With AOL getting snapped up by telco giant Verizon Communications for $4.4 billion, the Internet-media company is reportedly looking to jettison the Huffington Post — and potentially other assets that don’t align with Verizon’s corporate strategy. But AOL denies it has any plans to sell any of its content units.

AOL has been in discussions to spin off Huffington Post, the news-aggregation and blog site it acquired in 2011 for $315 million, according to a Re/code report citing anonymous sources. HuffPo has been valued at more than $1 billion; the negotiations have been “most serious” with German media conglom Axel Springer, per the report.

Asked for comment, AOL issued a statement claiming it is keeping all of its content divisions.

“AOL owns a portfolio of premium, global content brands including the Huffington Post, TechCrunch and Endgadget, among others, and all of them will continue to be part of our business as we go forward,” AOL rep Caroline Campbell said in an emailed statement.

However, industry analysts say, it seems likely that Verizon would want to get rid of certain AOL properties that would conflict with the activities of the U.S.’ largest wireless carrier.

“Can you really see Verizon being the publisher of the Huffington Post?” Gartner principal research analyst Bill Menezes said. “I don’t think Verizon wants to be a digital publisher. They want to be a conduit – they want to create value that takes customers away from AT&T or Comcast.”

Huffington Post’s coverage on such issues as network neutrality and wireless data caps run counter to Verizon’s positions, Menezes said, along with other sites like TechCrunch and Engadget. Those news sites publish “stuff that is not necessarily the point of view Verizon wants to put across.”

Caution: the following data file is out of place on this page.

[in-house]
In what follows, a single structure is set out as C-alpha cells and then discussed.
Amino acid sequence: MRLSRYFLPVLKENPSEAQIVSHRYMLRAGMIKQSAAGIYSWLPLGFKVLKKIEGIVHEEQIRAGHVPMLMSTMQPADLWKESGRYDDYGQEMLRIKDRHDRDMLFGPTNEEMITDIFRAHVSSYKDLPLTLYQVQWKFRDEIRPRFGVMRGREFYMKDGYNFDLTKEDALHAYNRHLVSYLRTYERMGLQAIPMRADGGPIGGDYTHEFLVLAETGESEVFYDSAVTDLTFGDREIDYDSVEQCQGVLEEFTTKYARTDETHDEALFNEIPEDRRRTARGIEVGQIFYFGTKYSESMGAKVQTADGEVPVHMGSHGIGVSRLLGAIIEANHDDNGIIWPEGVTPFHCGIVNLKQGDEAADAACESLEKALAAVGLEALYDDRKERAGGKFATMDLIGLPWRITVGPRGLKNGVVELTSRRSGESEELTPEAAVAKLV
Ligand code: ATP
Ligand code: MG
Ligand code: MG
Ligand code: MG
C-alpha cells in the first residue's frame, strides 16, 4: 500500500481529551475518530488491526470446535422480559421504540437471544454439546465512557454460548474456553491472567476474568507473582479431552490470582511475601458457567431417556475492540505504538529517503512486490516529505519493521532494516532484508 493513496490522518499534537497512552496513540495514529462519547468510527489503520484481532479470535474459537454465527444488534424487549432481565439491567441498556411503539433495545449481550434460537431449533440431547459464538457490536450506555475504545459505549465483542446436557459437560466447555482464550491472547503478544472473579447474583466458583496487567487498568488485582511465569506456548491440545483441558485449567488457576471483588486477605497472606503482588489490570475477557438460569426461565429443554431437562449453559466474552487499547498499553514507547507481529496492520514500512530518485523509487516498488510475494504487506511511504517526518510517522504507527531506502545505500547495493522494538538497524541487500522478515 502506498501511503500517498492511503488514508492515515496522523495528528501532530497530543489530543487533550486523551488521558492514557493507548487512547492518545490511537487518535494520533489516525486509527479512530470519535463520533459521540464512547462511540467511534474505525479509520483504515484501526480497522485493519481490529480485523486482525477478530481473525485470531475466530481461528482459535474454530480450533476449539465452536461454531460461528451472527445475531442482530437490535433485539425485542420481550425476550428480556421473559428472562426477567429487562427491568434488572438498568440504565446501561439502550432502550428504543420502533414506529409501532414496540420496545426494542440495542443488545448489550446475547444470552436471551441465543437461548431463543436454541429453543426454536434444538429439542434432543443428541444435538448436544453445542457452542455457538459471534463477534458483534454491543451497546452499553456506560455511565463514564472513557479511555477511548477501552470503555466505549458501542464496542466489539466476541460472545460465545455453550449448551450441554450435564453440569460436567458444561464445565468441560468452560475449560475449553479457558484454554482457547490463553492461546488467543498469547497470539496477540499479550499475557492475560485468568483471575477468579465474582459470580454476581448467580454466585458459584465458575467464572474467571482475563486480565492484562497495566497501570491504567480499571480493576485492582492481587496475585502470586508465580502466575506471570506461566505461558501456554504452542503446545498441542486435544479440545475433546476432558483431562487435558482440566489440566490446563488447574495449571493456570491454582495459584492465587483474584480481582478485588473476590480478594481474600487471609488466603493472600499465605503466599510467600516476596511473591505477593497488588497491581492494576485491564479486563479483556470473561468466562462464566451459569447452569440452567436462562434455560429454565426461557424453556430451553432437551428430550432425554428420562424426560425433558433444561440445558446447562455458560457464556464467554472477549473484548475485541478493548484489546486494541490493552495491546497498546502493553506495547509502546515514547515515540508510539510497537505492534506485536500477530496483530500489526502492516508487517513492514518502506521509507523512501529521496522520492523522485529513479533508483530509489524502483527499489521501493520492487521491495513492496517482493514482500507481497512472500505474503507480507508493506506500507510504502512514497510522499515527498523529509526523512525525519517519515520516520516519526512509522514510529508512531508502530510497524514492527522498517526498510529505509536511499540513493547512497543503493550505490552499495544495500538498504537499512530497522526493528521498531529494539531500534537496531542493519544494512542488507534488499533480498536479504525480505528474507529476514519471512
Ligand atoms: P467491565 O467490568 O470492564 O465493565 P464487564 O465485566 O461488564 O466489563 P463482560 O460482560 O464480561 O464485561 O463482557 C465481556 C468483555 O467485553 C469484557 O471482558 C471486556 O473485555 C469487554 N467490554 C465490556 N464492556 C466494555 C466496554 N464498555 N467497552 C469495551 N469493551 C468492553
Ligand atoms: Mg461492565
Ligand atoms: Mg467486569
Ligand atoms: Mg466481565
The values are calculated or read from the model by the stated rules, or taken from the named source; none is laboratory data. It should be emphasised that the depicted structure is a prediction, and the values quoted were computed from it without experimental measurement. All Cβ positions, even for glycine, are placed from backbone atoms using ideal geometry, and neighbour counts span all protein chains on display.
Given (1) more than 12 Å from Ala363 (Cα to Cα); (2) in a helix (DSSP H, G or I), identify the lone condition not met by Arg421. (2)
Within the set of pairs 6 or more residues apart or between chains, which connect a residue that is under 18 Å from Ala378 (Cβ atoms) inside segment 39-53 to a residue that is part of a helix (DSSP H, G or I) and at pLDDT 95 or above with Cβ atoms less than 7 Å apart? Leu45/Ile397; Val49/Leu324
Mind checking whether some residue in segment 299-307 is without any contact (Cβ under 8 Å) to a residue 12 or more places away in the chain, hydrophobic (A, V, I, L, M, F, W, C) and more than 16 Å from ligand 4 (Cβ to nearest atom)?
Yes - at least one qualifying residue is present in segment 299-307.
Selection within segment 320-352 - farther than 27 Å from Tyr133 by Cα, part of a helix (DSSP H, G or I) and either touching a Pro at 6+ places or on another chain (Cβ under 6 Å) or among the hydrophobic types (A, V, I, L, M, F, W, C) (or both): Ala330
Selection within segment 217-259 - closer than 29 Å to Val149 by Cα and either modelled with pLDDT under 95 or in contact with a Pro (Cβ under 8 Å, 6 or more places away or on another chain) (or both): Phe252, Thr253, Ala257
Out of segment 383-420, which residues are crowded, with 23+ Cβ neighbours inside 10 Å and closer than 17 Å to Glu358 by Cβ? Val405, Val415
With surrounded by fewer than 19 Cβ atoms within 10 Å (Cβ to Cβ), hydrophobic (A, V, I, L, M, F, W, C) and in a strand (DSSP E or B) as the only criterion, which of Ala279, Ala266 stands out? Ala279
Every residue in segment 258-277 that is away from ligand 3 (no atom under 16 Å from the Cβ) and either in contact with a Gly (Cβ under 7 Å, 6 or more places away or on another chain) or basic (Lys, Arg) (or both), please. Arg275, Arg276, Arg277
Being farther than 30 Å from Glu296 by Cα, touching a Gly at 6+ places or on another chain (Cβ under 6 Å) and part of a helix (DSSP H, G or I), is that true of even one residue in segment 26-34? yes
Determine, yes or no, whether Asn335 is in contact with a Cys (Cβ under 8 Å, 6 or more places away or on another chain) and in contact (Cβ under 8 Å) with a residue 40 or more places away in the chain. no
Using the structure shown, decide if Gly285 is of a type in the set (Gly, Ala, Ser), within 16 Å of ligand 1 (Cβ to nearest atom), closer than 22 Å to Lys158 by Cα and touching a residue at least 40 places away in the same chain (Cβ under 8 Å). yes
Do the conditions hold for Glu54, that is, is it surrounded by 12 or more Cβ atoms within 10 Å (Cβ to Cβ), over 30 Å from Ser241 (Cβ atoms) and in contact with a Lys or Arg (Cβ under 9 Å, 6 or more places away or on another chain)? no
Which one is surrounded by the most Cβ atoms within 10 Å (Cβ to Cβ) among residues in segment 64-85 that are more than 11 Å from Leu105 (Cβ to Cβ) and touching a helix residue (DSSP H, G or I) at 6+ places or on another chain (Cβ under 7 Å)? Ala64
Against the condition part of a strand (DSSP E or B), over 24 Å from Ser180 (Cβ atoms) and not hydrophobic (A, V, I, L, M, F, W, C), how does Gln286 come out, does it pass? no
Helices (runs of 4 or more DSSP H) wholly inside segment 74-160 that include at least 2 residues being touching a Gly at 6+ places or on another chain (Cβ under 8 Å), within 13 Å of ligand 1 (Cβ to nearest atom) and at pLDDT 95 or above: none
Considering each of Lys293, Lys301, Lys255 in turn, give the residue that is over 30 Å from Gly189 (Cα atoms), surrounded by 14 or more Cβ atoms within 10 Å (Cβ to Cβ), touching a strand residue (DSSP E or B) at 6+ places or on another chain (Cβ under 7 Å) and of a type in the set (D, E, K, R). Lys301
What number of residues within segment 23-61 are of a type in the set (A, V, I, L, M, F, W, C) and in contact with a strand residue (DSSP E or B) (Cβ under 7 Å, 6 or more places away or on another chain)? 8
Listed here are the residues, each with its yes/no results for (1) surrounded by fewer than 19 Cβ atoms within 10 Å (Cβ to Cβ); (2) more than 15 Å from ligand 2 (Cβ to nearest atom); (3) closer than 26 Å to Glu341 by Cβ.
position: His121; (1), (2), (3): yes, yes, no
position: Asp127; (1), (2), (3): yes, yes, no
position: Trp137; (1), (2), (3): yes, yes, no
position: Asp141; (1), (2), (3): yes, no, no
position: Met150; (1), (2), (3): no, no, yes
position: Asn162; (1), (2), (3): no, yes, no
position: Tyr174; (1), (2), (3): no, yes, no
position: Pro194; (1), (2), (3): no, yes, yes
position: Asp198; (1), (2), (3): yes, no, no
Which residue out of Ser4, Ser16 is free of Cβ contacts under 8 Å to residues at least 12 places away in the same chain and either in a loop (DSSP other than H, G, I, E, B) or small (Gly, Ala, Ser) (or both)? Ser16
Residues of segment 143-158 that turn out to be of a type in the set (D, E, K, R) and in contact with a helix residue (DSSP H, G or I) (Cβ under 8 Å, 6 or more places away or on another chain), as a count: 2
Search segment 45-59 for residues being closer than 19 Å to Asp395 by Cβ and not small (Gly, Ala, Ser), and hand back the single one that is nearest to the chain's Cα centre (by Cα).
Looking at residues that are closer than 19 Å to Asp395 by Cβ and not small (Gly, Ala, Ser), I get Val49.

Verizon last fall launched its own tech-news site, Sugarstring.com, which forbade topics such as net neutrality and government surveillance. It shut it down in December, calling the site a “pilot project.”

Others also don’t see Verizon hanging on to certain non-strategic content brands. “Verizon is clearly not a media company, so there are no new scale advantages by combining AOL content with existing properties,” VideoNuze’s Will Richmond wrote in a blog post. “The more likely result is a sale of AOL’s content portfolio to a large media company that can gain further scale.” And that, he suggested, would help the telco recoup some of its $4.4 billion investment in AOL.

AOL CEO Tim Armstrong, in a memo to employees, wrote that the Verizon deal “will not change our strategy – it will expand it greatly.”

“The deal will give our content businesses more distribution and it will give our advertisers more distribution and mobile-first features,” Armstrong wrote.